Posted on 22 August 2015
As regenerative medicine expands, our ability to engineer organs is growing with it. Researchers can now grow a number of so called ‘organoids‘ – mini-organs which can teach us more about developmental biology and enable vastly improved testing. In the latest addition to the bunch, a team from Ohio State University has successfully engineered the most complete model yet of a human brain, with a similar maturity to a 5 week old fetus.
Containing 99% of the genes present in the human fetal brain, and about the size of an eraser, the organoid was developed from transformed adult human skin. This method could allow more ethical and precise clinical trials, both speeding up and enabling more rigorous, personalized testing. As animal testing frequently fails to predict varied human responses, these organoid models offer an alternative approach which could revolutionize clinical trial methodology.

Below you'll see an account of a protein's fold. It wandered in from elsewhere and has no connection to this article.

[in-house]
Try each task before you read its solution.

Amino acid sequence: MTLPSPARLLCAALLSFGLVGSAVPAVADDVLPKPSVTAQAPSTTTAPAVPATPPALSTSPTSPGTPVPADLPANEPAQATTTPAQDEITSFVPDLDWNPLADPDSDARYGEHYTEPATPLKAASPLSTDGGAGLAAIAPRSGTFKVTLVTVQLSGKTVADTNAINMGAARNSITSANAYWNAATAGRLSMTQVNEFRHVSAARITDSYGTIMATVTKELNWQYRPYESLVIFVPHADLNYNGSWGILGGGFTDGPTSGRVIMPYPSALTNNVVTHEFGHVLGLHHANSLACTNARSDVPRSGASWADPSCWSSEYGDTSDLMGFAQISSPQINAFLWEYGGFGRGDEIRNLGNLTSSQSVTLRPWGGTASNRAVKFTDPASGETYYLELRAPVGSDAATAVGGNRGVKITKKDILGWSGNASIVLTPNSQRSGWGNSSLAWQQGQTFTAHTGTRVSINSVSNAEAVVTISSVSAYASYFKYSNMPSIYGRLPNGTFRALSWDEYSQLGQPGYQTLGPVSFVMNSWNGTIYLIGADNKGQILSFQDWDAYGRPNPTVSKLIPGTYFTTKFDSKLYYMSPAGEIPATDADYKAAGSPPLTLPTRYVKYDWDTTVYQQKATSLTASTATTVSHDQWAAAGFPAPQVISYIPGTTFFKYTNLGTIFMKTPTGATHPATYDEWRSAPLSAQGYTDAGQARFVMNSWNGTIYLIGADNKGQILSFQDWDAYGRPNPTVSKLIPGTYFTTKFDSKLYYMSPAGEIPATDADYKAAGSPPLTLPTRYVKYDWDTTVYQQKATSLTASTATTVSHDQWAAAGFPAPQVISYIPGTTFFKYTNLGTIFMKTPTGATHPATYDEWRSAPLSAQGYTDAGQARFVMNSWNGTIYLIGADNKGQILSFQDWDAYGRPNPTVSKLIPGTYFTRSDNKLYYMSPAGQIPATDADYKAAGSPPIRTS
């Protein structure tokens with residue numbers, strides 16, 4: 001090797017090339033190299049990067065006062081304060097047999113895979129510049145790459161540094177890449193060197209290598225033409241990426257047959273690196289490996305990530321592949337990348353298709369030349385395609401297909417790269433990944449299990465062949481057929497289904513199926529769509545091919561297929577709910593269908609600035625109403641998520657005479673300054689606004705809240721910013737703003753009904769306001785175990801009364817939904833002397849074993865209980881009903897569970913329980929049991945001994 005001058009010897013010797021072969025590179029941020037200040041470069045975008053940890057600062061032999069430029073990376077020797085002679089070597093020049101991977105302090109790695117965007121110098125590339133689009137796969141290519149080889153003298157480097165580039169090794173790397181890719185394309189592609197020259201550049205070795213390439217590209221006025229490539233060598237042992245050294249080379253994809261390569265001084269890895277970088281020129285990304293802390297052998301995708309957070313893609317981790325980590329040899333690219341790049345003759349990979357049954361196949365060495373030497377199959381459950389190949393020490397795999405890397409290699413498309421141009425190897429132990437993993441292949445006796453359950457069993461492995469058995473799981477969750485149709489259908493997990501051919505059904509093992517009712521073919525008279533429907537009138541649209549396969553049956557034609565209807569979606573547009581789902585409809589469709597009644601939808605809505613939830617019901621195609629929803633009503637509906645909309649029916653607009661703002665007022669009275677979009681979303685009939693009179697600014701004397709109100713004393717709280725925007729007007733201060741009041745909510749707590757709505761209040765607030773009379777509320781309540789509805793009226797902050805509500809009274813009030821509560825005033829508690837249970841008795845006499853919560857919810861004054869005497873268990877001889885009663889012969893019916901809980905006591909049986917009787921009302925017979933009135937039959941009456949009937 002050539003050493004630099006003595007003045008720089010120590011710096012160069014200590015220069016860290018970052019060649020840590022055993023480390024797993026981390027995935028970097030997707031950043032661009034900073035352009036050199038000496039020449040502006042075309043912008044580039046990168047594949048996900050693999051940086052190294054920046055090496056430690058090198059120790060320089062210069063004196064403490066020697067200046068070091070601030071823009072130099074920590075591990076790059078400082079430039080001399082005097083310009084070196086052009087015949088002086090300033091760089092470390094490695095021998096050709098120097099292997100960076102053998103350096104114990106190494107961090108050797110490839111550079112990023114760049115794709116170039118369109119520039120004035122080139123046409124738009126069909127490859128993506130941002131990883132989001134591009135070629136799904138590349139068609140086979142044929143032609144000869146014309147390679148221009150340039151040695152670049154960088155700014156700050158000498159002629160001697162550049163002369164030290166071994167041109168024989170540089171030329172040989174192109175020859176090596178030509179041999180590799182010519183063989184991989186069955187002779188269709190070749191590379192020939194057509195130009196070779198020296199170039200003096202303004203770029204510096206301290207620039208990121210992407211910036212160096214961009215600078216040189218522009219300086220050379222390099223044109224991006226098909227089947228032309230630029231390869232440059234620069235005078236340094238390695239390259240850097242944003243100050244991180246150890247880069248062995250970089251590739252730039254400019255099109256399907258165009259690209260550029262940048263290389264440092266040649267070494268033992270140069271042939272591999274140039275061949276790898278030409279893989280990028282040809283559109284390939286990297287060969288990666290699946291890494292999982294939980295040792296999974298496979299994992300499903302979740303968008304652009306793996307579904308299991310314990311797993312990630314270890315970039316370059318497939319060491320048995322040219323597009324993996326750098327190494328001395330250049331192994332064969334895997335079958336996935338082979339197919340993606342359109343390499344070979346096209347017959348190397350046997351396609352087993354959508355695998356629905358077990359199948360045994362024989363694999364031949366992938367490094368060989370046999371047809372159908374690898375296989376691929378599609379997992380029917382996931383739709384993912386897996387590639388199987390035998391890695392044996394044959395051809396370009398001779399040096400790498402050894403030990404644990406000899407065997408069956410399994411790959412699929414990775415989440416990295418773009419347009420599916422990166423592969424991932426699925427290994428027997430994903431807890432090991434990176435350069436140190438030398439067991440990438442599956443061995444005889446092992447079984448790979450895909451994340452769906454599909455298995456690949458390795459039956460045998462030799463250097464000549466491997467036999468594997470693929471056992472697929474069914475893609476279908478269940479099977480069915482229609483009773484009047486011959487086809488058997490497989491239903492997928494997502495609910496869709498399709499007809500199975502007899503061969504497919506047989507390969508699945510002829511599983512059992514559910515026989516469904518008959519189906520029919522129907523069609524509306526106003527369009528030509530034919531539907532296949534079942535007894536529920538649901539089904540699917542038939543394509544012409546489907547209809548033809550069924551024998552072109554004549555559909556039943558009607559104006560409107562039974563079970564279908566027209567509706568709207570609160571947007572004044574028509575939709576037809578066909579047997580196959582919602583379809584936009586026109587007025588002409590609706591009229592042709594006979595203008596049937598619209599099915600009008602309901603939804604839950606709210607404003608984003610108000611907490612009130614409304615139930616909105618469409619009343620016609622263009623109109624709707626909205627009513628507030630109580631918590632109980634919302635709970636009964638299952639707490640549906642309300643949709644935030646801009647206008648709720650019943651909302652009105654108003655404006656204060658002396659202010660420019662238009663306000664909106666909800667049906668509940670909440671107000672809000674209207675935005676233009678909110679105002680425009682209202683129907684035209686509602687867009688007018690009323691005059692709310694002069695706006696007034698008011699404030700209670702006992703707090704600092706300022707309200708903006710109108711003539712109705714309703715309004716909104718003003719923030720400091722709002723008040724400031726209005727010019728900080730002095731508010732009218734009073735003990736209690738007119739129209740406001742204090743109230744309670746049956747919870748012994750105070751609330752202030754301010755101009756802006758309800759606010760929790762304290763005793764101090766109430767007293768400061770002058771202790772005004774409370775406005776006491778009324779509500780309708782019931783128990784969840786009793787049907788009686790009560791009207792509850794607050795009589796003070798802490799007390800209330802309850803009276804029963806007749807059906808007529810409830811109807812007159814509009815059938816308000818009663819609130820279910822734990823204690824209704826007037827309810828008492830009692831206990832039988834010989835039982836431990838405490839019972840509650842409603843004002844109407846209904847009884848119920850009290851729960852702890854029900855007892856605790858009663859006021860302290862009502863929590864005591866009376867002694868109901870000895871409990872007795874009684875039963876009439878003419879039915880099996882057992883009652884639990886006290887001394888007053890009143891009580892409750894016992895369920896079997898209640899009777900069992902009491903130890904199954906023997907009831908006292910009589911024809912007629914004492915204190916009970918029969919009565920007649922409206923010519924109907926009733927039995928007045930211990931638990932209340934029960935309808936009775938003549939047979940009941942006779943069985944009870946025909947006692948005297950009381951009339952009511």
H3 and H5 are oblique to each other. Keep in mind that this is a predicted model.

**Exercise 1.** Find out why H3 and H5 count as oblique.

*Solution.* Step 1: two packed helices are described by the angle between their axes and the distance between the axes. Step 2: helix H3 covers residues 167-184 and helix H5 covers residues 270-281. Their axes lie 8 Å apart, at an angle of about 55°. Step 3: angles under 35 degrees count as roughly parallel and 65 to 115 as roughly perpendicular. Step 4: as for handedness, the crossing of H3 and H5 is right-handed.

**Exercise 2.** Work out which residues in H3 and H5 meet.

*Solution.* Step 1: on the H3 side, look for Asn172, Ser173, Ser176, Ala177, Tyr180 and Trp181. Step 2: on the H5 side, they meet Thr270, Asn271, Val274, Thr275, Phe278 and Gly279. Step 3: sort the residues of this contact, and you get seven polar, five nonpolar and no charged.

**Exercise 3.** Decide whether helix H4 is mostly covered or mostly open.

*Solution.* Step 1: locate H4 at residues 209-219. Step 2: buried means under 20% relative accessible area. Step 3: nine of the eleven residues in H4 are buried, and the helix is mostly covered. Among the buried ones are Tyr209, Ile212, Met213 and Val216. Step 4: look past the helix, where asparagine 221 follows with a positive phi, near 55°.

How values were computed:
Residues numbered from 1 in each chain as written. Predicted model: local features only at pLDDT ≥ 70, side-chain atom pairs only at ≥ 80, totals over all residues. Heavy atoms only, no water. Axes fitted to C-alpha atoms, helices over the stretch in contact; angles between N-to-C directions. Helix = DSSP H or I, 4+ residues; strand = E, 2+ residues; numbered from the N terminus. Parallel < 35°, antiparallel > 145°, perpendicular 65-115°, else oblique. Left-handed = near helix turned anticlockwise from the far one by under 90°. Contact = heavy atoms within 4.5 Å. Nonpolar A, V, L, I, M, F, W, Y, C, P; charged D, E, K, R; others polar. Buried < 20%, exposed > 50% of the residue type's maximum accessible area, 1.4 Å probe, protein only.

“It not only looks like the developing brain, its diverse cell types express nearly all genes like a brain. We’ve struggled for a long time trying to solve complex brain disease problems that cause tremendous pain and suffering. The power of this brain model bodes very well for human health because it gives us better and more relevant options to test and develop therapeutics other than rodents.”
Although the model is missing a vascular system, it contains multiple brain regions, a retina, circuitry and even the beginnings of a spinal cord. It’s not absolutely ‘complete’, but it’s certainly more so than ever before.
“In central nervous system diseases, this will enable studies of either underlying genetic susceptibility or purely environmental influences, or a combination. Mathematical correlations and statistical methods are insufficient to in themselves identify causation. You need an experimental system – you need a human brain.”
The project is also another success story for induced pluripotent stem cells; creating a range of neural tissue via various differentiation techniques. It currently takes 15 weeks to reach this defined stage, but researchers suggest that if the model was left even longer, further maturation might be observed.
“If we let it go to 16 or 20 weeks, that might complete it, filling in that 1 percent of missing genes. We don’t know yet”
Read more at NeuroScientistNews